Economists predict rate increase in June- Is that the market consensus as well?

The best way to obtain consensus is to read the federal funds futures contracts. These contracts trade out 10 months – one contract for each month. The price quoted is 100 minus ‘effective fed funds’, which represents the market’s expectations of the overnight fed funds rate. Using these contracts, one can place a probability of when and how much the Federal Reserve’s Federal Open Market Committee (FOMC) will move rates

 
 

The best way to obtain consensus is to read the federal funds futures contracts. These contracts trade out 10 months - one contract for each month. The price quoted is 100 minus 'effective fed funds', which represents the market's expectations of the overnight fed funds rate. Using these contracts, one can place a probability of when and how much the Federal Reserve's Federal Open Market Committee (FOMC) will move rates.

There are three outcomes of an FOMC meeting: it can raise, lower or maintain the target fed funds rate. However, the market is concerned with only two outcomes; simply put, will the FOMC raise the fed funds rate or not? If the FOMC changes the fed funds rate, is the amount just as likely to be 25 basis points (b.p.), 50 b.p., 75 b.p., or 100 b.p.?

Take the July fed funds contract as of May 10, 2004, as an example: the price is 98.77, resulting in an implied rate of 1.23 percent. The contract is trading at 23 b.p. higher than the current fed funds target rate of 1.00 percent. If we take the 23 b.p. and divide it by the Fed's anticipated 25 b.p. move (contracts trade under the assumption that a minimum move is 25 b.p.), we conclude that, by July, there is a 92 percent probability that the Fed will increase rates by 25 b.p. and an 8 percent probability that rates will remain unchanged.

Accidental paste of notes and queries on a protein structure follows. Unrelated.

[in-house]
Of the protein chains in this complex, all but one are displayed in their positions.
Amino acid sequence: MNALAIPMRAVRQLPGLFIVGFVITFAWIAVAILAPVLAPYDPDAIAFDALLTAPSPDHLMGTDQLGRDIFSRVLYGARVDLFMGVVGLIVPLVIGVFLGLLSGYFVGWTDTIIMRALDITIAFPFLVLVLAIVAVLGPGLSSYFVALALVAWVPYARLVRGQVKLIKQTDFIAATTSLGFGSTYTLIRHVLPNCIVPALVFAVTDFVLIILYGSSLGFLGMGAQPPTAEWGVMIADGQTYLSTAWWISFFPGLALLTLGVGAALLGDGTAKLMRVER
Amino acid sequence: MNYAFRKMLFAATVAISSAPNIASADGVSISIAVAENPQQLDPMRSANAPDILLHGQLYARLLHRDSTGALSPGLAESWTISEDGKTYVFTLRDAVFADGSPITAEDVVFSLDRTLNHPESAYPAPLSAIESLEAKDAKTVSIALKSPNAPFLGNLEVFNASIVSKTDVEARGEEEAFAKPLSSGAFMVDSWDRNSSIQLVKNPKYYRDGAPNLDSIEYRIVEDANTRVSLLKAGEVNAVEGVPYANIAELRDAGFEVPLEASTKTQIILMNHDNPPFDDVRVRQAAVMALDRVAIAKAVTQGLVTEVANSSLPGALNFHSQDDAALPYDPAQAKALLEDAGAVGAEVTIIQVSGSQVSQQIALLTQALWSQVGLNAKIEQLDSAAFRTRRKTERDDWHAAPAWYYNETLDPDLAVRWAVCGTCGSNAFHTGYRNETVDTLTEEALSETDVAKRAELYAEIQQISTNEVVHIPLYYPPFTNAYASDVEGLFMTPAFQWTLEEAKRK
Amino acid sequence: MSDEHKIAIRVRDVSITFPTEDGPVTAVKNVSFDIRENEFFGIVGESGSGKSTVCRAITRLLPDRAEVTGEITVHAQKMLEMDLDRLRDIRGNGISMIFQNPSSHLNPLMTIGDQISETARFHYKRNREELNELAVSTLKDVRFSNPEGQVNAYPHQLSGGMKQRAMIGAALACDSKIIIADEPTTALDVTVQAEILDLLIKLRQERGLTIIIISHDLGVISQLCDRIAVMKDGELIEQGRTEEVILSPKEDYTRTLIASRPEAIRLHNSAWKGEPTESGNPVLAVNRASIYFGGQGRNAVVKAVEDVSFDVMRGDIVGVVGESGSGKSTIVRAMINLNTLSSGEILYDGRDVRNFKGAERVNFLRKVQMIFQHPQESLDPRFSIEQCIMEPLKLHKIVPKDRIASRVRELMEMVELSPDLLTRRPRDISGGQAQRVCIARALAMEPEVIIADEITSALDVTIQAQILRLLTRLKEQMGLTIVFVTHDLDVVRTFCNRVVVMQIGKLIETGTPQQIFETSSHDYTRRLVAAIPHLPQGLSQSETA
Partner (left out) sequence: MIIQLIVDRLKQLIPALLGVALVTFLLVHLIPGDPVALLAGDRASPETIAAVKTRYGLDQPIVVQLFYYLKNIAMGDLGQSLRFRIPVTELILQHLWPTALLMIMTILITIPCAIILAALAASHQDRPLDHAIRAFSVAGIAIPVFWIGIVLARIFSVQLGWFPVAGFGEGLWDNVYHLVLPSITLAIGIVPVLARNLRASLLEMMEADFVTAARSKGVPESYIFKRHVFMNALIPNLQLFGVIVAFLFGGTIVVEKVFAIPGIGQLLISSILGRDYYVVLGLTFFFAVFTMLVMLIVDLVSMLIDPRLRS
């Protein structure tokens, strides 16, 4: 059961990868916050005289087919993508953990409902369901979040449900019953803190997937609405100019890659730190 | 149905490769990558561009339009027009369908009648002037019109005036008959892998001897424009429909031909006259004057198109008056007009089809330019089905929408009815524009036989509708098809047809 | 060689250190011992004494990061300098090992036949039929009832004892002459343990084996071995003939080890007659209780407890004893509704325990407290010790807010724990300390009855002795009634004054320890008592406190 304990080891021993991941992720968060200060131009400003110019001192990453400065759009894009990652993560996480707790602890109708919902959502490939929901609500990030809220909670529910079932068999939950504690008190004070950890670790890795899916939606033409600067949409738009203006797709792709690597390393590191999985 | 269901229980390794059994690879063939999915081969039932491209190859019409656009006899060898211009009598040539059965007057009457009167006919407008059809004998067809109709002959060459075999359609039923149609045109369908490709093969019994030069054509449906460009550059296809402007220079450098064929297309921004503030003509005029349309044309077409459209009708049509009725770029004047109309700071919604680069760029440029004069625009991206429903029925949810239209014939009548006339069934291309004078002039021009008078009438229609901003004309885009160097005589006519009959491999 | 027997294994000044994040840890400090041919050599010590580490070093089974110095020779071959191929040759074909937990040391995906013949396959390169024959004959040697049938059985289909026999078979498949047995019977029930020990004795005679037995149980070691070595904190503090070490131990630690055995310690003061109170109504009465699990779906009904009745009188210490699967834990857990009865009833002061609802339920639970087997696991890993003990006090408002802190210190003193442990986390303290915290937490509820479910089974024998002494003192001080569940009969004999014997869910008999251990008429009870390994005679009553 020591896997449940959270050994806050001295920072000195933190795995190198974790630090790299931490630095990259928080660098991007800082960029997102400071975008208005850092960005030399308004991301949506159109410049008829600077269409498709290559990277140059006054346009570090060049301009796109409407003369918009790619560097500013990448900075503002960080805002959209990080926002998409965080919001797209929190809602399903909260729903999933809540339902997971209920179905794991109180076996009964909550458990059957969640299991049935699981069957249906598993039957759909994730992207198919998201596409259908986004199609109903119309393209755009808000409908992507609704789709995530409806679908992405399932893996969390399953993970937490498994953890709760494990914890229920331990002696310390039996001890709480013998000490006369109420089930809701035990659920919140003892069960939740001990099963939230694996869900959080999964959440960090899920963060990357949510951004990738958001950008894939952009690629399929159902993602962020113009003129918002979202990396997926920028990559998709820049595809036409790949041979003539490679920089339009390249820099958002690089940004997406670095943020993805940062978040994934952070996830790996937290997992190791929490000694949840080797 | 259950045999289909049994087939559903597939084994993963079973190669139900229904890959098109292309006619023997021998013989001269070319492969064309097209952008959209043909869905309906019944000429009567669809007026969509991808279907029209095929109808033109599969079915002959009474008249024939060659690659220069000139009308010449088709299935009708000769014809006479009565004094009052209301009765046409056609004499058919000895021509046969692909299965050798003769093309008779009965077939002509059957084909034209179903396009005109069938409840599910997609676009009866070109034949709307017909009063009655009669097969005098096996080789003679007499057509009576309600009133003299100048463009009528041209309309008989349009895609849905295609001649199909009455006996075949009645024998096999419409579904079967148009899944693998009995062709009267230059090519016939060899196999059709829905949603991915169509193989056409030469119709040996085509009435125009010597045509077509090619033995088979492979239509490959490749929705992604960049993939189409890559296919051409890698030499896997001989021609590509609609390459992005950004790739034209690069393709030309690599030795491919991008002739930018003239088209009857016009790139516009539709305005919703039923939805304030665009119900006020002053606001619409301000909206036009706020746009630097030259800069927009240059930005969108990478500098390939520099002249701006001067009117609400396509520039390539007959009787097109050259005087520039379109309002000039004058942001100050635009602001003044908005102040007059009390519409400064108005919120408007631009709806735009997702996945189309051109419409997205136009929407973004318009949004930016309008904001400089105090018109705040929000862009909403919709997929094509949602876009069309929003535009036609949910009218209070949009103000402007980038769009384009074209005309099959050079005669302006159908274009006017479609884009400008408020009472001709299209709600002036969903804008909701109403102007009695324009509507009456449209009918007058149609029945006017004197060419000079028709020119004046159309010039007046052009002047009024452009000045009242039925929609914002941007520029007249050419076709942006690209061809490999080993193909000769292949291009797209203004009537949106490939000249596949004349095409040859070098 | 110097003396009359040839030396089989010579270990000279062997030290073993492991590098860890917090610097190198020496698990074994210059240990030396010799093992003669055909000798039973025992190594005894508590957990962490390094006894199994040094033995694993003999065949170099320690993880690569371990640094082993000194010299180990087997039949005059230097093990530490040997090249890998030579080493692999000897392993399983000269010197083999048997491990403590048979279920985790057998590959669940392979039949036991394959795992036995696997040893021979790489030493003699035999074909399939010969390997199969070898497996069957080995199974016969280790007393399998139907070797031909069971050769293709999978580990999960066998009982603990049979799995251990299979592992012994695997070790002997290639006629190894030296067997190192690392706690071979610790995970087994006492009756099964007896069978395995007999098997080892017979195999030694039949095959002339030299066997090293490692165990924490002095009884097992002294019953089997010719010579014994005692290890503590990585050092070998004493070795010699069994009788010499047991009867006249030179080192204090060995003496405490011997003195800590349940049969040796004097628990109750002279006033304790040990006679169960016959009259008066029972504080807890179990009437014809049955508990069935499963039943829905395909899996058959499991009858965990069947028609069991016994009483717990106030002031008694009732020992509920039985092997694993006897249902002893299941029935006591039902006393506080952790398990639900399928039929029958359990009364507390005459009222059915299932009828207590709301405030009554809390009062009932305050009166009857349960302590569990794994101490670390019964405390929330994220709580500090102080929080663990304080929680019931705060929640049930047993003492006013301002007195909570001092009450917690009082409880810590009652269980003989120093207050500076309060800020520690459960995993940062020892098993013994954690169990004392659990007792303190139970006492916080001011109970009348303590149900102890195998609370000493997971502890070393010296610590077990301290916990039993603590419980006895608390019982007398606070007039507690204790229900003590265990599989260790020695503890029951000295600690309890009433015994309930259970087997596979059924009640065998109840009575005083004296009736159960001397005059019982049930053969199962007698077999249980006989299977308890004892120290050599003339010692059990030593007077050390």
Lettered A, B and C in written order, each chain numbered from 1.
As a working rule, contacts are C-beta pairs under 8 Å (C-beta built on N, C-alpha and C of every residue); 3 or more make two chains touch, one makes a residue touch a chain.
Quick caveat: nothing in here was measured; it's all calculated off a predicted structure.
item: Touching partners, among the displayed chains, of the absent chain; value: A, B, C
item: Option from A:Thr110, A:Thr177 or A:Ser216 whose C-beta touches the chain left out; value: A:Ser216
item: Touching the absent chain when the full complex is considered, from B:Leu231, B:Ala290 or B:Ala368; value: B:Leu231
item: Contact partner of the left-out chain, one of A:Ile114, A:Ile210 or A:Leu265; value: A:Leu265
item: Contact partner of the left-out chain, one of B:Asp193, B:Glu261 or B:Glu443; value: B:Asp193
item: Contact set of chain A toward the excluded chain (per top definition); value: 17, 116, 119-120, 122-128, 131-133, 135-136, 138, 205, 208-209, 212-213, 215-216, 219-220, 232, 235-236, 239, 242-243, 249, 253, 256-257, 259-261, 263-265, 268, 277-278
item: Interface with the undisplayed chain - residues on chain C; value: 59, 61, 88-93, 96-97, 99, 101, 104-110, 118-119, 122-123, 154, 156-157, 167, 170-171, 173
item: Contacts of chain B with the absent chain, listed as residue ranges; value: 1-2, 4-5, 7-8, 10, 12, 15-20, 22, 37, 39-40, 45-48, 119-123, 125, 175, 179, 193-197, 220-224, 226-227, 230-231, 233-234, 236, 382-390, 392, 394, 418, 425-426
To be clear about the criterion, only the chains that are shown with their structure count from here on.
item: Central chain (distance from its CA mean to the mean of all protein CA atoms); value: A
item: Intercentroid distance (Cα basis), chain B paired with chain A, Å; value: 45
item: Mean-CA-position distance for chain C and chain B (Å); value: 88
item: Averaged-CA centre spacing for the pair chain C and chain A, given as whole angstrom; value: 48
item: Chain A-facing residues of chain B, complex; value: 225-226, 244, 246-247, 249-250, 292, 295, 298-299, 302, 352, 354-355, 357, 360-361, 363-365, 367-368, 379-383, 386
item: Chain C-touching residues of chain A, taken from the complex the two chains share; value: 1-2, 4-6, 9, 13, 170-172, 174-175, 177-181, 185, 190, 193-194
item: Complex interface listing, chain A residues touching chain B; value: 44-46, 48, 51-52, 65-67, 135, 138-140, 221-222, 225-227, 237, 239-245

Now, examine the August contract; and follow closely! The August contract is trading at 98.55, for an implied rate of 1.45 percent. The difference between 1.45 percent and 1.00 percent (the current rate) is 45 b.p. Accordingly, the market foretells a 100 percent probability that the Fed will move rates up by 25 b.p., and an 80 percent probability [(45 b.p. -25 b.p.)/25 b.p.] that the Fed will move rates up by 50 b.p. by August.

The answer to your question is that the market sides with economists and that it believes there is a 100 percent chance the Fed will move rates up to 1.25 percent by August. The last available contract tells us that the market has priced in, with 100 percent probability, that the Fed will increase rates to 2 percent by December 2004 (the contracts are currently trading at an implied rate of 2.06 percent.)

There's just one problem. Lately, the contracts have been wrong as often as they have been right. With market sentiment changing on a dime, it is common to see the contracts swinging wildly to extremes; leaving the economists and us for wont of a crystal ball.

 

 

 

May 10, 2004


Comments

 
 
 
  • I thought this article and the futures contracts rate formula was very interesting and probably as good of an indicator as anything regarding the probability of Fed rate movements.
    Anonymous
     
     
     
  • How do you determine the implied rate from the amount that the future contract is trading at? Or what is the correlation between the trading price and Fed funds rate? Is their a formula or something?
    Anonymous
     
     
     
  • I have been doing my own research regarding rise rates and how this will effect certain types of investments. My crystal balls says 25 on June 30th.
    Anonymous
     
     
     
  • Emily is an insightful observer of the economy and its impact on credit unions
    Anonymous
     
     
     
  • Emily is an insightful observer of the economy and its impact on credit unions
    Anonymous